Fuel Saving Tips
If you get an ebike or convert a bike to an ebike you can use it for short errands and maybe to travel to work all while also getting some exercise. You can peddle for a while and use the electric motor to keep from over heating. I ride mine to the post office and to the store to buy a few groceries. Short trips kill gas milage so the ebike is perfect to get the best gas milage in your vehicle. It cost next to nothing to charge the battery so you save money on gas, excise ware and tare on your car or truck Get out and enjoy the ride.
posted by NorCalExplorer on September 21, 2015
this tip works for 33% of voting Fuelly members.
Ethanol is a mixture of Gasoline and Alcohol. Usually it's called E10, E20 and E85, meaning 10%, 20% or 85% ethanol. If your car or motorcycle engine is designed to run on Ethanol, it's perfectly fine and the mileage will be nearly the same. There is maybe 1-2% decrease in milleage for E10-E20. Another thing to consider is that Ethanol releases less polutants and has a slightly higher combustion rate, which provides more power to the engine. If your car was not designed to run on Ethanol, you will sufer performance and may damage your engine and ruber cables.
posted by frederico on September 20, 2015
this tip works for 3% of voting Fuelly members.
I have experience with cars, motorcycle, and bicycle in a city - everyday commuting to work and back to home. lastly, i choose a underbone moped ( chinese "analog" of Honda Innova / Wave with 100 cc engine). Fuel cons is bit less than 2 litres per 100 km ( 4 times!!! less than a car, and 3 times less than 600cc motorcycle!). travel to work time is only a tad more, than on "big" motorcycle. no rush, no weighty as motorcycle - almost ideal transport for single or with one passenger and rucksack. best thing.
posted by drago76 on September 19, 2015
this tip works for 38% of voting Fuelly members.
I took a 1,300 km trip from Calgary AB to Winnipeg MB and did a test on my 2014 Volkswagen Tiguan. On the first leg, I set the cruise to 115 km/h and no drafting behind anyone. Halfway through, I filled up and achieved 8.0 l/100km(29.4mpg). After filling up, I was lucky enough to find a fully loaded semi doing exactly 115 as well. I stayed behind him all the way until Winnipeg staying back around 15-20 feet(too close in my opinion but it was for a purpose :) ). I filled up and achieved a whopping 6.7 l/100km(35mpg).
posted by buyingconstant7 on September 10, 2015
this tip works for 43% of voting Fuelly members.
In my area, there are a couple of signal lights planted at the bottom of two hills and the road then flattens out. Don't roll up and stop dead at the red light. While still on the down grade, when you spot a distant red light, I suggest pull off to the side of the road or, if that's not possible, ultra slow down. When the light changes, you can use gravity to continue to roll through the new green light or pop the clutch to restart the engine.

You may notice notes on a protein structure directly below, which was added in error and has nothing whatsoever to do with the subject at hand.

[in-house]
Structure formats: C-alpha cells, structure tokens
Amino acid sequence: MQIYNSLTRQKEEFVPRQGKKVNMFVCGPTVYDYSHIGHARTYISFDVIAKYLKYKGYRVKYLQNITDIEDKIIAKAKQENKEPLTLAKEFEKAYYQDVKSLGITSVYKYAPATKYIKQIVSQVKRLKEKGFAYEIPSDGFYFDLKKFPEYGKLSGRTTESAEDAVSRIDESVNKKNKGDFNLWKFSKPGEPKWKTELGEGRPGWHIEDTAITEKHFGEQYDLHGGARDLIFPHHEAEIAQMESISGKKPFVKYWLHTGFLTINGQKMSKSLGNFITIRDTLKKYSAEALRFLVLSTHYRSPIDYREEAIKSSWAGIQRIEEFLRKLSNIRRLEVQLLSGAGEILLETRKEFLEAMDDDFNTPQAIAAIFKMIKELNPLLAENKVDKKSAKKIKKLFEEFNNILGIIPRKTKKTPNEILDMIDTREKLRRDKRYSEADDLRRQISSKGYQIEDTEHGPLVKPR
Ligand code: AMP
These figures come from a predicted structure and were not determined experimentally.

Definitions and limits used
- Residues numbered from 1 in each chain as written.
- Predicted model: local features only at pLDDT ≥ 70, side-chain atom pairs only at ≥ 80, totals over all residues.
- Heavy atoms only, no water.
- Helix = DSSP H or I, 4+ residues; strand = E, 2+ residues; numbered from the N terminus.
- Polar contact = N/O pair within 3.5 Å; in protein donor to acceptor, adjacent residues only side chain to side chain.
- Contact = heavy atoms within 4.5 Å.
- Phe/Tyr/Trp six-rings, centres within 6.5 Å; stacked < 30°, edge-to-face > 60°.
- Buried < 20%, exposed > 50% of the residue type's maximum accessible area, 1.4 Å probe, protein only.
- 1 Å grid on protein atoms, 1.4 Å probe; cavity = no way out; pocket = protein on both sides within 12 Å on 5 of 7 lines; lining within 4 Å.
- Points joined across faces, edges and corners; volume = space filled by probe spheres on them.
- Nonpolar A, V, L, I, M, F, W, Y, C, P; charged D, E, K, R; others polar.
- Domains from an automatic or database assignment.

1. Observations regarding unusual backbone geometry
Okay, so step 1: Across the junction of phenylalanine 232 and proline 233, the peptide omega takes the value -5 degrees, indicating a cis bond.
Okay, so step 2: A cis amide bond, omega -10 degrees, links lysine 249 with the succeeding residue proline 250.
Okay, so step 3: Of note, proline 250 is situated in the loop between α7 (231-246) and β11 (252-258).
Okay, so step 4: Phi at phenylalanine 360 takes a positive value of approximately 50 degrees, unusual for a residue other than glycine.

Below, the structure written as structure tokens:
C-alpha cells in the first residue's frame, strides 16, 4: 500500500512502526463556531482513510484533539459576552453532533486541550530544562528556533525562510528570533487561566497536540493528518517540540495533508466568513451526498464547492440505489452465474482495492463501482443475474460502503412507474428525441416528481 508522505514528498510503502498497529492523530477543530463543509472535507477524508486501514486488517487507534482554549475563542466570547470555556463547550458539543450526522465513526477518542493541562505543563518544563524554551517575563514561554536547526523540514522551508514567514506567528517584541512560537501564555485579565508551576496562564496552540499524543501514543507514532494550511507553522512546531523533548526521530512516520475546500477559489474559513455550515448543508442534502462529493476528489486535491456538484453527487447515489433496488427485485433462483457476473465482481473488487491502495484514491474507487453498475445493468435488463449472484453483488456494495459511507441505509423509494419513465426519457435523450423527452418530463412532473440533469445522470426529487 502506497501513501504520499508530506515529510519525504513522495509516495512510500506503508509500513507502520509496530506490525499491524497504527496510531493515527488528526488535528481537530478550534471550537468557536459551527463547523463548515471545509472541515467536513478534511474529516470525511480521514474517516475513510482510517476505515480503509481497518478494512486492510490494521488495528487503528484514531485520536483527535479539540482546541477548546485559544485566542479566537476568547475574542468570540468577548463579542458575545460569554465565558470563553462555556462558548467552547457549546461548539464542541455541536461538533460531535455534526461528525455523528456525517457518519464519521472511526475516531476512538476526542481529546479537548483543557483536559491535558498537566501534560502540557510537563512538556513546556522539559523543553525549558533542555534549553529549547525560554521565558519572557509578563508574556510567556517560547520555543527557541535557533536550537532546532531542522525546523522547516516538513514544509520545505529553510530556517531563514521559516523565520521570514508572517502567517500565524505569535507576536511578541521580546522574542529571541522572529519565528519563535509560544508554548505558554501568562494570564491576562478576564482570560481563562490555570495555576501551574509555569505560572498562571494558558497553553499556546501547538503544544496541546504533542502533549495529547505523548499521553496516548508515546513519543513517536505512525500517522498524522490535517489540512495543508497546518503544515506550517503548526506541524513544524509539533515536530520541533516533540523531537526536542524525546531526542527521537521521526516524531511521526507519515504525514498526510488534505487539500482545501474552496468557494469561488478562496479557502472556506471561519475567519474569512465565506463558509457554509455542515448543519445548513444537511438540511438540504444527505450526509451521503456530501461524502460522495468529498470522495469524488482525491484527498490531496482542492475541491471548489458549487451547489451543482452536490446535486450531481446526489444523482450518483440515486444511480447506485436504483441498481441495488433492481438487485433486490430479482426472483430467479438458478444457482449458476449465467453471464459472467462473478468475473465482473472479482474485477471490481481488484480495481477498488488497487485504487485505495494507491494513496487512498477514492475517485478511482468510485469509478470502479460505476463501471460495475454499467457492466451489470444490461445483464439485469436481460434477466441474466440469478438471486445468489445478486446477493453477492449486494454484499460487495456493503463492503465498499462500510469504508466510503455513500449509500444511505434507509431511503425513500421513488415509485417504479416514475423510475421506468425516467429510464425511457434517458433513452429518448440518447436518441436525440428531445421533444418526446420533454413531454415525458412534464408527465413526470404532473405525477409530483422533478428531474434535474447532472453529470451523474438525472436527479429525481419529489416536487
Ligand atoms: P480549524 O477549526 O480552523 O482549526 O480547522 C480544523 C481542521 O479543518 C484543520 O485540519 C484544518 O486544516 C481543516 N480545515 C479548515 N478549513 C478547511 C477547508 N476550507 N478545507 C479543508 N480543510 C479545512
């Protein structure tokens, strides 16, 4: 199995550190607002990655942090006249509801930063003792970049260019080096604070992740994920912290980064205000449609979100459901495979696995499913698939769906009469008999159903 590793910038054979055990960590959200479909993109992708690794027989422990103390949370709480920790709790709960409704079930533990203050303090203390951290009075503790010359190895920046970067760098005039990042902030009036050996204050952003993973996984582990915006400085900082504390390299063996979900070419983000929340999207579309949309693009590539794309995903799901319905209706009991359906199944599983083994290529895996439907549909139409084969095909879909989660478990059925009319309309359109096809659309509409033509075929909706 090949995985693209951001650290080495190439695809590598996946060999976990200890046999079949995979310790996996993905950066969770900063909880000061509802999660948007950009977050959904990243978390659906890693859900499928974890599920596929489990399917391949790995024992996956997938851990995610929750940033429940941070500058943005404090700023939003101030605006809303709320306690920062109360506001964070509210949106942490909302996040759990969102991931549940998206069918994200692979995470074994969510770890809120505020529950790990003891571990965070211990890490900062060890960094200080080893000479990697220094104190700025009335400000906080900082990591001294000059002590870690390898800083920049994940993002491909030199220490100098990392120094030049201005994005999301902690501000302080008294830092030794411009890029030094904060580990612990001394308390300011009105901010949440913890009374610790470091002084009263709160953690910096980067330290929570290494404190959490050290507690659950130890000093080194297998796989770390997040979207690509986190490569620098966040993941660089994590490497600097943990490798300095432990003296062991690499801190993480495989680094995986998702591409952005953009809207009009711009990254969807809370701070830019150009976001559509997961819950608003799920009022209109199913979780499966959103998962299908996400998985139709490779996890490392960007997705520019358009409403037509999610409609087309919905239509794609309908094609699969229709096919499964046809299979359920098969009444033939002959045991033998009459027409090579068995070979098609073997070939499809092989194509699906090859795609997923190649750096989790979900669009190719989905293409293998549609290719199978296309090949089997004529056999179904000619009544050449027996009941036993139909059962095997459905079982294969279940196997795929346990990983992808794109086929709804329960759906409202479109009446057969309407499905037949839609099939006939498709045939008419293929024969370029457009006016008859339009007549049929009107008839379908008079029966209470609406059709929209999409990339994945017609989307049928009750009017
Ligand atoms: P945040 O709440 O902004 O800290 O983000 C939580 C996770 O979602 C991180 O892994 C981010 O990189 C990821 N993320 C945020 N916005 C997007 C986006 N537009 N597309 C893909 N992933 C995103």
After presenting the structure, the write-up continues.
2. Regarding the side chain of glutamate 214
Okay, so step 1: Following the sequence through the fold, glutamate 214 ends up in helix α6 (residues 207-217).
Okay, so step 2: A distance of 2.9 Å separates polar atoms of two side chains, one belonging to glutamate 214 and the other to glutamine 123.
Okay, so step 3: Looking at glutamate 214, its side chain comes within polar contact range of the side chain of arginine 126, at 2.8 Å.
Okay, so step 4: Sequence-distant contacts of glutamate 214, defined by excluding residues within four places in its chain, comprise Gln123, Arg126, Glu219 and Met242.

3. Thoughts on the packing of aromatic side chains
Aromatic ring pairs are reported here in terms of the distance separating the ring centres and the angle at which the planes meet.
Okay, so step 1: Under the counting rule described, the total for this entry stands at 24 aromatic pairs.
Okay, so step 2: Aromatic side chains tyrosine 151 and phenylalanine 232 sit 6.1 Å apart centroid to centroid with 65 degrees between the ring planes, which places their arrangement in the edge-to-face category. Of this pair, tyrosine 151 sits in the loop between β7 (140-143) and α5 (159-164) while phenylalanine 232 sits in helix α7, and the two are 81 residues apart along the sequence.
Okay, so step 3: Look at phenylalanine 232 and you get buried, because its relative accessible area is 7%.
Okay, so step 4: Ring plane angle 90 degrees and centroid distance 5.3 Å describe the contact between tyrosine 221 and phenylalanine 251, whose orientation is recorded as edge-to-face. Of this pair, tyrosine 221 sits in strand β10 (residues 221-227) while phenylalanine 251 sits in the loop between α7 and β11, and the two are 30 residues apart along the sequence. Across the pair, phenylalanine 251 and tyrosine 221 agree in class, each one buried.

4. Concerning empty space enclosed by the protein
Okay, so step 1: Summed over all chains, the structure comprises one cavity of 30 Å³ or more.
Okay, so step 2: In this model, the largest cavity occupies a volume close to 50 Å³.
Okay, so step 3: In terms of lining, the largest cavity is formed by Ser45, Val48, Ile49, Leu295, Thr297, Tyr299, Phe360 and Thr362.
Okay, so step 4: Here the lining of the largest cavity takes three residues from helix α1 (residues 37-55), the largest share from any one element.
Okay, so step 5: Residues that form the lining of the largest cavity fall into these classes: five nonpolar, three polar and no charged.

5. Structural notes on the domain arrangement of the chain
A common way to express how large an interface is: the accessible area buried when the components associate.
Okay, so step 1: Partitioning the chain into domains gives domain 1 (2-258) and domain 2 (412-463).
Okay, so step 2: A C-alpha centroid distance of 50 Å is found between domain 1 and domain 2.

posted by ChewChewTrain on September 8, 2015
this tip works for 26% of voting Fuelly members.
Driving in the far right freeway lane puts us in conflict with cars entering the freeway. Here's how to know if you're going to collide. The sailing term is called "ranging". You compare the nose of the vehicle to that of a non-moving background, like a freeway wall. If the nose of that car remains static to the background you are on a collision course. In this case, you should slow down. If the nose of that car is visually "eating" the background, they will merge ahead of you. If the nose of that car is visually "giving up" the background, they will merge behind you. Doug in Oakland, California USA
posted by ChewChewTrain on September 7, 2015
this tip works for 62% of voting Fuelly members.
For years I have understood that using neutral burns fuel to keep the car idling while rolling, and coasting in gear uses no fuel because there is complete fuel cut. I however began using the neutral method again and due to less engine friction I am able to coast much further and many times pick up speed when I would normally be slowing down, which equates to better fuel economy. My actual results when filling up are proof that using neutral does actually work better in most situations. My in-dash fuel econ reading will stay at 99.9(max) while coasting in gear OR neutral, and when in neutral it only decreases once under 10mph.
posted by RieBauer17 on September 6, 2015
this tip works for 47% of voting Fuelly members.
Have you noticed some gas pumps are overly sensitive to shutting off before your tank is full? Make a mental note of the bad pumps at your favorite gas station so your MPG scores remain consistent. Doug - Oakland, CA
posted by ChewChewTrain on September 1, 2015
this tip works for 22% of voting Fuelly members.
When conditions allow on mountainous roads, steer a straight line, even if it temporarily crosses the center line. This will reduce friction, reduce the route distance and smooth the ride for your passengers.
posted by PressFit on August 31, 2015
this tip works for 25% of voting Fuelly members.
Hi! I was always lead to believe getting in the highest gear as soon as possible was best for economy. My Scangauge shows that often staying in 4th or 5th in my 6 speed car gives better Mpg - despite the eco indicator telling me to upshift!